The sum up

A fun and creative take on the dystopian genre.

About the author

Veronica Rossi is the author of post-apocalyptic fiction for young adults. Her debut novel, UNDER THE NEVER SKY, is the first in a trilogy. Released in January 2012, it was deemed one of the Best Books of Year by School Library Journal. The second book in the trilogy, THROUGH THE EVER NIGHT, debuted in January on the NY Times and USA Today Best Seller Lists. The final book in the series, INTO THE STILL BLUE, is expected to release January 2014.

Foreign rights to the UNDER THE NEVER SKY trilogy have sold in over twenty-five territories to date and film rights have been optioned by Warner Bros.

She completed undergraduate studies at UCLA and then went on to study fine art at the California College of the Arts in San Francisco. She lives in Northern California with her husband and two sons. When not writing, she enjoys reading, painting, and counting down the minutes until she can get back to making up stories about imaginary people.

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The Program by Suzanne Young {Review}

The Program by Suzanne Young {Review}Title: The Program
Author: Suzanne Young
Publisher: Simon Pulse on April 30th 2013
Format: eARC, 408 pages pages
Source: Publisher
5 Stars

Summary

In Sloane’s world, true feelings are forbidden, teen suicide is an epidemic, and the only solution is The Program.

Sloane knows better than to cry in front of anyone. With suicide now an international epidemic, one outburst could land her in The Program, the only proven course of treatment. Sloane’s parents have already lost one child; Sloane knows they’ll do anything to keep her alive. She also knows that everyone who’s been through The Program returns as a blank slate. Because their depression is gone—but so are their memories.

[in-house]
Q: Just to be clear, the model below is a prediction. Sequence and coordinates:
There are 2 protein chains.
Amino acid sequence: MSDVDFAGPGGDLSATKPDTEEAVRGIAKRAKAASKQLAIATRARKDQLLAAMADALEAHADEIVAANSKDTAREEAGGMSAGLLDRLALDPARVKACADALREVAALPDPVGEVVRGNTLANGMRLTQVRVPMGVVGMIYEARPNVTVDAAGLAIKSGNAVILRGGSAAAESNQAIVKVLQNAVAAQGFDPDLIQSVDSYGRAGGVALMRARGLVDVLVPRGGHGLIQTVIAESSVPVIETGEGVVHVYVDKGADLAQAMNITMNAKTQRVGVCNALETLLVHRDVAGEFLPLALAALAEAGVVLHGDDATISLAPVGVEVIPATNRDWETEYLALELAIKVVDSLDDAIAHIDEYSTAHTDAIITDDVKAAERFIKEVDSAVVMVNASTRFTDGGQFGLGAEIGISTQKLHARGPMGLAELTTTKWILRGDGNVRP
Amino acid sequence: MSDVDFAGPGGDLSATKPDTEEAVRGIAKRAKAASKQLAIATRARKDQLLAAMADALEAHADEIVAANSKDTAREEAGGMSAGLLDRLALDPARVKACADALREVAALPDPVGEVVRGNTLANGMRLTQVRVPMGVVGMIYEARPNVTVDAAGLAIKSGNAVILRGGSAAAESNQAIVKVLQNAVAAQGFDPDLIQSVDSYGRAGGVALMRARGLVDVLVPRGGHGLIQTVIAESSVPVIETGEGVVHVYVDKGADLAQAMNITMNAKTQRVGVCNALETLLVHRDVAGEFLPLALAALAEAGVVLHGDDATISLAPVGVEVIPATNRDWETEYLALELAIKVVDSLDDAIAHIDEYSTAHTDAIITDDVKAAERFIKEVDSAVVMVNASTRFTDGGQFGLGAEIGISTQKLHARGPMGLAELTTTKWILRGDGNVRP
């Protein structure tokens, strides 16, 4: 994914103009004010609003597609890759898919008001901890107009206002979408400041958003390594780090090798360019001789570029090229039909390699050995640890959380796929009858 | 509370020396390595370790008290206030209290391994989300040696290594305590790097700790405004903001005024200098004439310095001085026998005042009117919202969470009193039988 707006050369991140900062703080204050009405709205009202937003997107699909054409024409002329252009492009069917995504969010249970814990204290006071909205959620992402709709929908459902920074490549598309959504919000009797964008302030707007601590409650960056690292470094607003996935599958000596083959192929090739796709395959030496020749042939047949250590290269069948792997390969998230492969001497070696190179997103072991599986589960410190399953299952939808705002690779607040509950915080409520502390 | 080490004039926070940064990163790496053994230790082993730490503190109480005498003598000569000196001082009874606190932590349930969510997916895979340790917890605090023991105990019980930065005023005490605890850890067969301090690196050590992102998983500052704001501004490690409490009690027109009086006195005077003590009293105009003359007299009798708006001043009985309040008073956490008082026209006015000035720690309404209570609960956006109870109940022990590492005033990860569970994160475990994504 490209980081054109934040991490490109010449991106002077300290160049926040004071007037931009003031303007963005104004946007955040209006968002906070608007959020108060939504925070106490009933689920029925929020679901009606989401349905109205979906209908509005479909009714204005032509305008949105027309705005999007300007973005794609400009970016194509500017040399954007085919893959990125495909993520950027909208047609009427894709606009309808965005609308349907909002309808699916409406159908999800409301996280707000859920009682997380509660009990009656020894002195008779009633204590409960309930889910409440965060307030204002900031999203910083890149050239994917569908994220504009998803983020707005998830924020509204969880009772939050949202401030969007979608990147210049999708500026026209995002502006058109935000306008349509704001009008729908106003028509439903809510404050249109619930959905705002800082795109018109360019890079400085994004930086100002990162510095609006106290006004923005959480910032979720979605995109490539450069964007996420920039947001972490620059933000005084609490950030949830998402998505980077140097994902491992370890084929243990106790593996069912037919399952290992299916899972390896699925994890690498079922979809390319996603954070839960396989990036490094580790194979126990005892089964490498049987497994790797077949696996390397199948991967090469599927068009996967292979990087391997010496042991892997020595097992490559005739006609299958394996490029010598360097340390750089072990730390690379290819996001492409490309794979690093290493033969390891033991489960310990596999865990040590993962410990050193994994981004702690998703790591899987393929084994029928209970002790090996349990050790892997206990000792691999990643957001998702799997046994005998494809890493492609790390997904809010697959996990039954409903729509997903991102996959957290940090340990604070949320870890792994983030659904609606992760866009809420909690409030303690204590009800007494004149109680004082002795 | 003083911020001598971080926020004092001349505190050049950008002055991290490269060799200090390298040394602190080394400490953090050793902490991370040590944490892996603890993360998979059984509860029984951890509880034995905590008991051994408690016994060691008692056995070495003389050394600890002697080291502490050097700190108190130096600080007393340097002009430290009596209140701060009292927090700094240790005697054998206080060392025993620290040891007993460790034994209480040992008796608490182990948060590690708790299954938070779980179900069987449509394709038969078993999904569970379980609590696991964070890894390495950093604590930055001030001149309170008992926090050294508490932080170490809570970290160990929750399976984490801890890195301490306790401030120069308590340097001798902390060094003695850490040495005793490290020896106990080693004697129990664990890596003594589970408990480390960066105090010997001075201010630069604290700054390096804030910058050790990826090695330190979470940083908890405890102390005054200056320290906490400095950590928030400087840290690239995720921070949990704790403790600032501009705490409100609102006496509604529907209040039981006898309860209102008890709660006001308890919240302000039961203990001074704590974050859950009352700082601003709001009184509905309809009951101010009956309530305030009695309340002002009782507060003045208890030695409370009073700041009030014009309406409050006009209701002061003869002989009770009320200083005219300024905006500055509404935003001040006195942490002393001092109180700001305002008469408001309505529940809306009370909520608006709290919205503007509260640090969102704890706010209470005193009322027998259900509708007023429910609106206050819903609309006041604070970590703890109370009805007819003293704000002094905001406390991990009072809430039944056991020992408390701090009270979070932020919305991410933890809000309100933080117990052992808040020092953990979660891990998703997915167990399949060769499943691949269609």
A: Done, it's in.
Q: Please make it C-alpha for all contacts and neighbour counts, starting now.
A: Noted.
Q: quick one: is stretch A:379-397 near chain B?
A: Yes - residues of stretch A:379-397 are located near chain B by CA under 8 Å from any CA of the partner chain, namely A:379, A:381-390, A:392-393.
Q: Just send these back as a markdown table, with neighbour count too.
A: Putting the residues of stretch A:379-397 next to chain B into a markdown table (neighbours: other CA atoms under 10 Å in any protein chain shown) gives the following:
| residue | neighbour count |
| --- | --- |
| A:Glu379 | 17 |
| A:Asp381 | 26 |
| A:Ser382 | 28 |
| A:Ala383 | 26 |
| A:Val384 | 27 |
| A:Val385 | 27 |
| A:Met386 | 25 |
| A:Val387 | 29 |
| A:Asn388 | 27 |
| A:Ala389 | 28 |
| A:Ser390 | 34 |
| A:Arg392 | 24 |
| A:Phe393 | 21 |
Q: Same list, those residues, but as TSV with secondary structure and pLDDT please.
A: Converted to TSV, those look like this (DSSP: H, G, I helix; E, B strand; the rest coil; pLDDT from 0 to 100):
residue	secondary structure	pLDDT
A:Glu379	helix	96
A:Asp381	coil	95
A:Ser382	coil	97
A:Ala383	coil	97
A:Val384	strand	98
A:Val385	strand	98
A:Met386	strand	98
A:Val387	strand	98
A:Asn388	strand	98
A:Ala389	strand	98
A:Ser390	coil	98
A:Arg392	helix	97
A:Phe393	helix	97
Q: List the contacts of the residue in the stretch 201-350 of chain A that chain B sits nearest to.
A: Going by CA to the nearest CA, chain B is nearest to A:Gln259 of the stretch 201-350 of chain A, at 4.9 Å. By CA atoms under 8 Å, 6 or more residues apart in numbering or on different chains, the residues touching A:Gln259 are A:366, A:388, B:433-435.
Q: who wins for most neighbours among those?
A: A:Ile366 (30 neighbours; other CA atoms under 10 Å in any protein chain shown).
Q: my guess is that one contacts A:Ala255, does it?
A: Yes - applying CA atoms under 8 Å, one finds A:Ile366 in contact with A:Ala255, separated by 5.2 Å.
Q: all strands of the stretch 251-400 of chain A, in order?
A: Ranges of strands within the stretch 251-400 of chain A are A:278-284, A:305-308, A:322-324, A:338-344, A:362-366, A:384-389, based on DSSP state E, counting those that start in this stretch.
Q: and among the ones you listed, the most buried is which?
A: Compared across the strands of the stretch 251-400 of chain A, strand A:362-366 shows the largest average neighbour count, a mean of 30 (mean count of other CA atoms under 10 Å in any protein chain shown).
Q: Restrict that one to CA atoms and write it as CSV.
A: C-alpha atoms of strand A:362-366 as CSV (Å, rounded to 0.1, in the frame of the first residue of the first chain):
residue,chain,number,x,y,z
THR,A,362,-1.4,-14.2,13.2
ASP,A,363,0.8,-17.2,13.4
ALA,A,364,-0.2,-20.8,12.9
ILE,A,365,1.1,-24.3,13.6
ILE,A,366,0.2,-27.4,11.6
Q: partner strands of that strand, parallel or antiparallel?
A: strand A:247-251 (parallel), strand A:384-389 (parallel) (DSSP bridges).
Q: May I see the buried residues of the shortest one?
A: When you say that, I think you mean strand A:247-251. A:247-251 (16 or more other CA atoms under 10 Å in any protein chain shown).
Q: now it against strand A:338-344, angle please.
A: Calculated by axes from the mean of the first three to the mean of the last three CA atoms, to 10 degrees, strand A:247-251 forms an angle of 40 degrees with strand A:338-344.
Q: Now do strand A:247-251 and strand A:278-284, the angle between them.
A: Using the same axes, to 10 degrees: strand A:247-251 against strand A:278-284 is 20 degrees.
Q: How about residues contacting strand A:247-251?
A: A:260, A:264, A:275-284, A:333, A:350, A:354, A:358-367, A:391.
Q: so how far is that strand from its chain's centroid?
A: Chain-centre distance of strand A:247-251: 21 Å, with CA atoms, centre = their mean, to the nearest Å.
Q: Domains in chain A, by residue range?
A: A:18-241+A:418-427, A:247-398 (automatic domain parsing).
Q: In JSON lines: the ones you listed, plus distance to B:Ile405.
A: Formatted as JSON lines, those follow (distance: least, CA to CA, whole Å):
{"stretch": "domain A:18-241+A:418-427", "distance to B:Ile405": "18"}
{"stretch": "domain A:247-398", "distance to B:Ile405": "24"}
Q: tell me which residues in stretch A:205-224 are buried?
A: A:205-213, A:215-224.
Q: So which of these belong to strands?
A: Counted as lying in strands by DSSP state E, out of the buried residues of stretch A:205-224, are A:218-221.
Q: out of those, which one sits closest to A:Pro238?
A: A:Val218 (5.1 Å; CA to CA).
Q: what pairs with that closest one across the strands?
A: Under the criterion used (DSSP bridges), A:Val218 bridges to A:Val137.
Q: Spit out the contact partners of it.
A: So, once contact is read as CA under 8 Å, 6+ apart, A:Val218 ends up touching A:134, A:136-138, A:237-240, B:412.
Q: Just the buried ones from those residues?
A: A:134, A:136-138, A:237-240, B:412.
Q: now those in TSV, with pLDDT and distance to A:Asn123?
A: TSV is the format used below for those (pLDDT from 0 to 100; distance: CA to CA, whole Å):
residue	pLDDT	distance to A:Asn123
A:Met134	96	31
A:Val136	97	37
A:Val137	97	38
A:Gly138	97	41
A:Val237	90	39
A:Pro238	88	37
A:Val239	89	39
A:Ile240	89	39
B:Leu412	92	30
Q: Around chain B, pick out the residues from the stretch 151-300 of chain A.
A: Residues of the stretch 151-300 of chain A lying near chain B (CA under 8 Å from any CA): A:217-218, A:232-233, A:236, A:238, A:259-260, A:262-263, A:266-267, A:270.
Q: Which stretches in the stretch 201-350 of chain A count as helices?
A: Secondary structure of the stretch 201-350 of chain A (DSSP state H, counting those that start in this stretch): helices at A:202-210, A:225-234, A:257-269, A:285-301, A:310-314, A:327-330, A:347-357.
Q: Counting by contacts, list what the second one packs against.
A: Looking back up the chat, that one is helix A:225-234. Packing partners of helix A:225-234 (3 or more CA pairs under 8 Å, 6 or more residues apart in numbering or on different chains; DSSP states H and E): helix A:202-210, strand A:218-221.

Under constant surveillance at home and at school, Sloane puts on a brave face and keeps her feelings buried as deep as she can. The only person Sloane can be herself with is James. He’s promised to keep them both safe and out of treatment, and Sloane knows their love is strong enough to withstand anything. But despite the promises they made to each other, it’s getting harder to hide the truth. They are both growing weaker. Depression is setting in. And The Program is coming for them.

My thoughts

Sloane lives sometime in the near future when science has declared teen suicide an epidemic. Luckily, science has found a cure – The Program. Kids who show signs of depression can be forcibly admitted into The Program. Once the kids come out, they’re happy and without care. But they also can’t remember things from their past, even their friends. Sloane, who has already lost her brother to suicide, spends all her time with her boyfriend James, who was her brother’s best friend. The two of them are just trying to stay “happy” until they turn 18 and are no longer eligible for The Program.

Sloane was an amazingly strong female lead character. She knew she had to remain stoic, but it was hard for her; not only was she still upset from her brother’s suicide, she was scared of being taken away. She had James to lean on, but only in private, when nobody else was around. He was also strong; not only was he carrying guilt for not having saved his best friend, but he had made it his personal mission to take care of Sloane and their small circle of friends. That’s a lot of weight on such young shoulders.

There were other characters: friends, classmates, doctors and her parents, who added their own thing to the book. There were a few special ones whom I can’t call out specifically for fear of spoilers, but I will say I enjoyed them all (except for the really bad guy). There were some sexy times, but it was not at all graphic. Boo.